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New state pre-K initiatives to expand access for families

State Sen. Bob Duff visits with children Tuesday at Fox Run Elementary School.
State Sen. Bob Duff visits with children Tuesday at Fox Run Elementary School.

NORWALK, Conn. – Norwalk Superintendent of Schools Manny Rivera, Mayor Harry Rilling and state Sen. Bob Duff (D-25) gathered Tuesday with other local legislators and city officials at the Fox Run Elementary School to applaud a legislative act signed into law by Gov. Dannel Malloy last week establishing three new major early childhood initiatives.

The initiatives will create more than 1,000 new School Readiness Program slots, create the Connecticut Smart Start program, which will provide grants to qualified municipalities for preschool needs, and create an agency to consolidate the state’s preschool program administration.

“Access to quality pre-K programs is an important part of our commitment to closing the achievement gap,” Rivera said in a prepared statement. “We know that children who enter kindergarten with both social and essential academic skills are better prepared to succeed in school, and that quality pre-K programs help to develop those skills. We very much welcome the state’s new initiatives in this area.”

Rilling, who discussed a need for such a focused program in early April, said he is “excited” to see the state focus on preschool education. “Children who do not have that kind of opportunity are too often left behind by their more fortunate peers,” Rilling said. “We owe it to every child to give them a strong start in school.”

Democratic lawmakers made public their plan in April. While the financial details drew some complaints from state Rep. Larry Cafero (R-142), the measure wound up passing both houses of the General Assembly without a “nay” vote (there were some abstentions). Norwalk’s delegation gave it a unanimous “yes” vote.

The legislation creates the Office of Early Childhood (OEC), a consolidated agency responsible for coordinating and improving the various early childhood programs and components in the state to create a cohesive high-quality early childhood system. It also directs the OEC to lay out a roadmap for realization of universal pre-K for all Connecticut children, according to a press release from Duff’s office.

Second, the legislation takes a major step toward the achievement of that goal by creating 1,020 new School Readiness Program “slots” to be awarded in Priority School Districts (a group which includes Norwalk), Alliance Districts and Competitive School Districts across the state. These “slots” provide per-child funding to both public and private pre-K programming providers. The legislation increases the amount of these grants from $8,346 per year per child to $8,670 per year. The slots will be awarded through a competitive RFP process, which is currently in progress. The last time new slots were made available, in 2010, 50 were awarded to Norwalk providers, the release said.

Third, the legislation creates the Connecticut Smart Start program, which will provide grants on a competitive basis to any town that can demonstrate an unmet need for preschool education with a priority focus on needy kids. The program will provide capital grants to school districts looking to create or expand preschool programs in public schools for construction or renovation of preschool classroom space, as well as operating funds for preschool programs in the amount of $5,000 per student up to $75,000 per classroom, with a maximum of $300,000 per district.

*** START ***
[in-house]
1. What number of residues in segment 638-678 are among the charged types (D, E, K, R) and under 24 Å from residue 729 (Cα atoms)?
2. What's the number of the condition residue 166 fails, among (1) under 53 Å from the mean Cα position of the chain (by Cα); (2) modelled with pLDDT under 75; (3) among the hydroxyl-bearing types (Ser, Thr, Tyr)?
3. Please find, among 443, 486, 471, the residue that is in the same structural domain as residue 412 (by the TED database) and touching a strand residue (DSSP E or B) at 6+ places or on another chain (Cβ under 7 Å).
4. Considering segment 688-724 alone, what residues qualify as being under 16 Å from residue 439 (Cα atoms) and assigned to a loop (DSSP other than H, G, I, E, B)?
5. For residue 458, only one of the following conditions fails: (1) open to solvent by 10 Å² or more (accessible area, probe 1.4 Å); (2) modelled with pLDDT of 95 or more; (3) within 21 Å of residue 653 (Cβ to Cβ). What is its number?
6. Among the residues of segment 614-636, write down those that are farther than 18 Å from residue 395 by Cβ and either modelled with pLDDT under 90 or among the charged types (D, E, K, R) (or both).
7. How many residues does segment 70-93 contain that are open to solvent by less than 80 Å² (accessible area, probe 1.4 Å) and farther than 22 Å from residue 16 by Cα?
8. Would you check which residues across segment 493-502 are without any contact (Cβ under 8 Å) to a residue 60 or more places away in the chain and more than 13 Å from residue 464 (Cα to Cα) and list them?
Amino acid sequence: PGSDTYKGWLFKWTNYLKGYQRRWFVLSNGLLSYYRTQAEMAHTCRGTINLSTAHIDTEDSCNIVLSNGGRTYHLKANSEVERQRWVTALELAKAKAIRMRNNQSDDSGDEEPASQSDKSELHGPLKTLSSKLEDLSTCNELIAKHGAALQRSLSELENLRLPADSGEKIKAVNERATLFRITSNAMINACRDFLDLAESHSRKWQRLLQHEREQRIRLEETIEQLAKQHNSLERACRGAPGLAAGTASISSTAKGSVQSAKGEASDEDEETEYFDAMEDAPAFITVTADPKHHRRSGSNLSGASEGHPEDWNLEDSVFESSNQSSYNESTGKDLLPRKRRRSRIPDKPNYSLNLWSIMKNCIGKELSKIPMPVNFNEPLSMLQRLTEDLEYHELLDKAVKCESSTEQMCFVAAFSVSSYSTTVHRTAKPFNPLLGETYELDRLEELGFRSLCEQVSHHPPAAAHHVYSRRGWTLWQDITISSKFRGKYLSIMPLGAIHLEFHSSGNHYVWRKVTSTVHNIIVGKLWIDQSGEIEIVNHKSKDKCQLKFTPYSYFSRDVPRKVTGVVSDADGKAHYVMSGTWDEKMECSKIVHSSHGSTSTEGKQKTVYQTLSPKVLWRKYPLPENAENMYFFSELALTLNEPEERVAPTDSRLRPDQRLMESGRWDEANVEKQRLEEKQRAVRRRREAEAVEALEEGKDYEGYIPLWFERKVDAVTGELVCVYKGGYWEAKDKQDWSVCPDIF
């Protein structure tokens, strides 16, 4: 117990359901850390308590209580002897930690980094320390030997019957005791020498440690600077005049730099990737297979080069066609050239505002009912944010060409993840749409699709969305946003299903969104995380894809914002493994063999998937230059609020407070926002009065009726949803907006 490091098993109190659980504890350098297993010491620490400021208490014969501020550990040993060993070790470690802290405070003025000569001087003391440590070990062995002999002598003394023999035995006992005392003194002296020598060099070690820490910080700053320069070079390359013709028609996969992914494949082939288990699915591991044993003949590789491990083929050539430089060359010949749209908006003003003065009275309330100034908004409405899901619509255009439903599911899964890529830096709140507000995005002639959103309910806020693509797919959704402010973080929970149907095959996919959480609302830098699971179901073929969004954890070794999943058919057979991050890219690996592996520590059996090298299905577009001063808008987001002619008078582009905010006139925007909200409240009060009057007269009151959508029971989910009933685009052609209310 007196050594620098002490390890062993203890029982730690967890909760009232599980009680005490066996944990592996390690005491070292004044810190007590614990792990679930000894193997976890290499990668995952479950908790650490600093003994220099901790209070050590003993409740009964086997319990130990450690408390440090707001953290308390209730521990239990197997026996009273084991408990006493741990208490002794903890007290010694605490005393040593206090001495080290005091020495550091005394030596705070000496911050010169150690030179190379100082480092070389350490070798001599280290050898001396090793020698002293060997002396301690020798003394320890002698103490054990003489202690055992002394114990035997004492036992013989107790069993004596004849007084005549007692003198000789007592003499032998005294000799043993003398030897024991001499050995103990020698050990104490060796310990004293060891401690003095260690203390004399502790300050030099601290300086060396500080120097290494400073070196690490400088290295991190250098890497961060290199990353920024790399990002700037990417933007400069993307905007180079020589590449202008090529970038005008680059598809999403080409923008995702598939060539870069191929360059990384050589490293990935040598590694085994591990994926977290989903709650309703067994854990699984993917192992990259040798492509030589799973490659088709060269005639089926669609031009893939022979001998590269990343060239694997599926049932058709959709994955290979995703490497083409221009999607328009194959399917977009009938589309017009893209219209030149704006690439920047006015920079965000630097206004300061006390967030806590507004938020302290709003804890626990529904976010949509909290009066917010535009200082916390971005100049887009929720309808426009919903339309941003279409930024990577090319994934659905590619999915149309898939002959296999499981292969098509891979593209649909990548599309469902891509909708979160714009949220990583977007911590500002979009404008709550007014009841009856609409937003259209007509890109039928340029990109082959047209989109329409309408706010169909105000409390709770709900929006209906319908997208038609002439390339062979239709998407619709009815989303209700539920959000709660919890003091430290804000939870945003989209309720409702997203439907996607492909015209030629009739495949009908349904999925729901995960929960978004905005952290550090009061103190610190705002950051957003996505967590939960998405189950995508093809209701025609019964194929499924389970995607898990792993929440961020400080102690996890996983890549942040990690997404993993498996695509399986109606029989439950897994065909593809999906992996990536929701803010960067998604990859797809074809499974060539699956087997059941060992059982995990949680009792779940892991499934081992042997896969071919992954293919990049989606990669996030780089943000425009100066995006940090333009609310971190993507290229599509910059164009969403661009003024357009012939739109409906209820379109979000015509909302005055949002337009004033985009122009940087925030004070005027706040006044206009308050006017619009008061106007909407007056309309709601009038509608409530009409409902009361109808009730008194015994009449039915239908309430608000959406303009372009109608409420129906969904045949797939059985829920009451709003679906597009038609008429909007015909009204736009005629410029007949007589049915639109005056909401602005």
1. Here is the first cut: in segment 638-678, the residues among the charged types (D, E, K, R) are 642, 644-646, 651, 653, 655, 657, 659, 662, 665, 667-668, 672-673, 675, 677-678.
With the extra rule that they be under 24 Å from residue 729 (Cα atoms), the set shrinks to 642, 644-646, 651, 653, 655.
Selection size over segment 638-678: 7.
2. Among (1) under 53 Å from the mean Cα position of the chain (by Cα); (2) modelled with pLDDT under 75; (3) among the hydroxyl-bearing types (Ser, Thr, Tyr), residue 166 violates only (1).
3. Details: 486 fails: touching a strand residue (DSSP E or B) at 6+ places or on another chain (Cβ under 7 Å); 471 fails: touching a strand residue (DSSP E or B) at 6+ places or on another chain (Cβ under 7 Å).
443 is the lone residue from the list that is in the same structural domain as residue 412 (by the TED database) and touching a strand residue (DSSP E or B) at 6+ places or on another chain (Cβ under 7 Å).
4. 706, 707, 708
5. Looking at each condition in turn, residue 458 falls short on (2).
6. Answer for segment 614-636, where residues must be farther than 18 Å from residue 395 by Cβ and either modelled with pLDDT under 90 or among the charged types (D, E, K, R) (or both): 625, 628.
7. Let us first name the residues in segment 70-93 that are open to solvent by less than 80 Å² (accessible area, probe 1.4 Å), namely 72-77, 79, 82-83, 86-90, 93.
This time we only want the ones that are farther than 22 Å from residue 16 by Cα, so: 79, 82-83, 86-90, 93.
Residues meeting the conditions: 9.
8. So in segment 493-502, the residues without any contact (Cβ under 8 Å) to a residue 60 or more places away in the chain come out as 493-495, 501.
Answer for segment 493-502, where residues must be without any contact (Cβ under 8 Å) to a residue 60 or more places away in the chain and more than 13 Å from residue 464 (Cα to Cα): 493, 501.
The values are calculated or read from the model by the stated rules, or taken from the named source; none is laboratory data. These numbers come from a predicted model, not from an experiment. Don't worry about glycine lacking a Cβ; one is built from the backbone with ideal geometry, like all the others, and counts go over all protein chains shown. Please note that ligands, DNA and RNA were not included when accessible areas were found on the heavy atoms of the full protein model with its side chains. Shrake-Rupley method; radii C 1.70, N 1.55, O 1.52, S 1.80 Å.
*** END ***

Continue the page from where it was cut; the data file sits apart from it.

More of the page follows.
The Smart Start program will be administered by the Office of Early Childhood. Applicant towns must demonstrate an unmet need for preschool, as well as show how the municipality or district would provide preschool access to children who otherwise would be unable to enroll in a preschool program.

“Expanding access to quality pre-Kindergarten programming is one of the most cost-effective ways we can improve educational outcomes here in Norwalk and all across the country,” Duff said. “Children who begin learning in pre-K gain an advantage that stays with them the rest of their lives. They perform better in the later grades, and are more likely to graduate from high school.”

Comments

2 responses to “New state pre-K initiatives to expand access for families”

  1. Suzanne

    While these programs are laudable, may help a few pre-K kids and, let’s face it, make the politicians look really, really good, what about the kids who are dying under the DCF system or coming to school hungry because they are unfortunate enough to live within the supervision of DCF but not adequately supervised? While this feel-good legislation which may result in real benefits to children is being passed and funded, kids are dying in CT under the auspices of a CT regulatory environment. See NON below “Child advocate will investigate deaths of nine children involved with DCF”. I guess it would not be the photo-op these office holders are looking for.

  2. One and Done.

    Incredible. Even the government’s own surveys show that pre-K vs. no pre-K have the same exact outcomes, yet Duff can tell you with a straight face we’ll be better off. This is all about grabbing more of our tax dollars, giving those to the unions, and giving services to folks who don’t work and don’t pay for anything on their own.
    .
    I wonder if people’s minds would change if they knew that NPS already has pre-K instructors on the payroll at well over $100k a pop. That’s right $100k plus, plus for babysitters. Un-freaking-believable.
    .
    One and Done.

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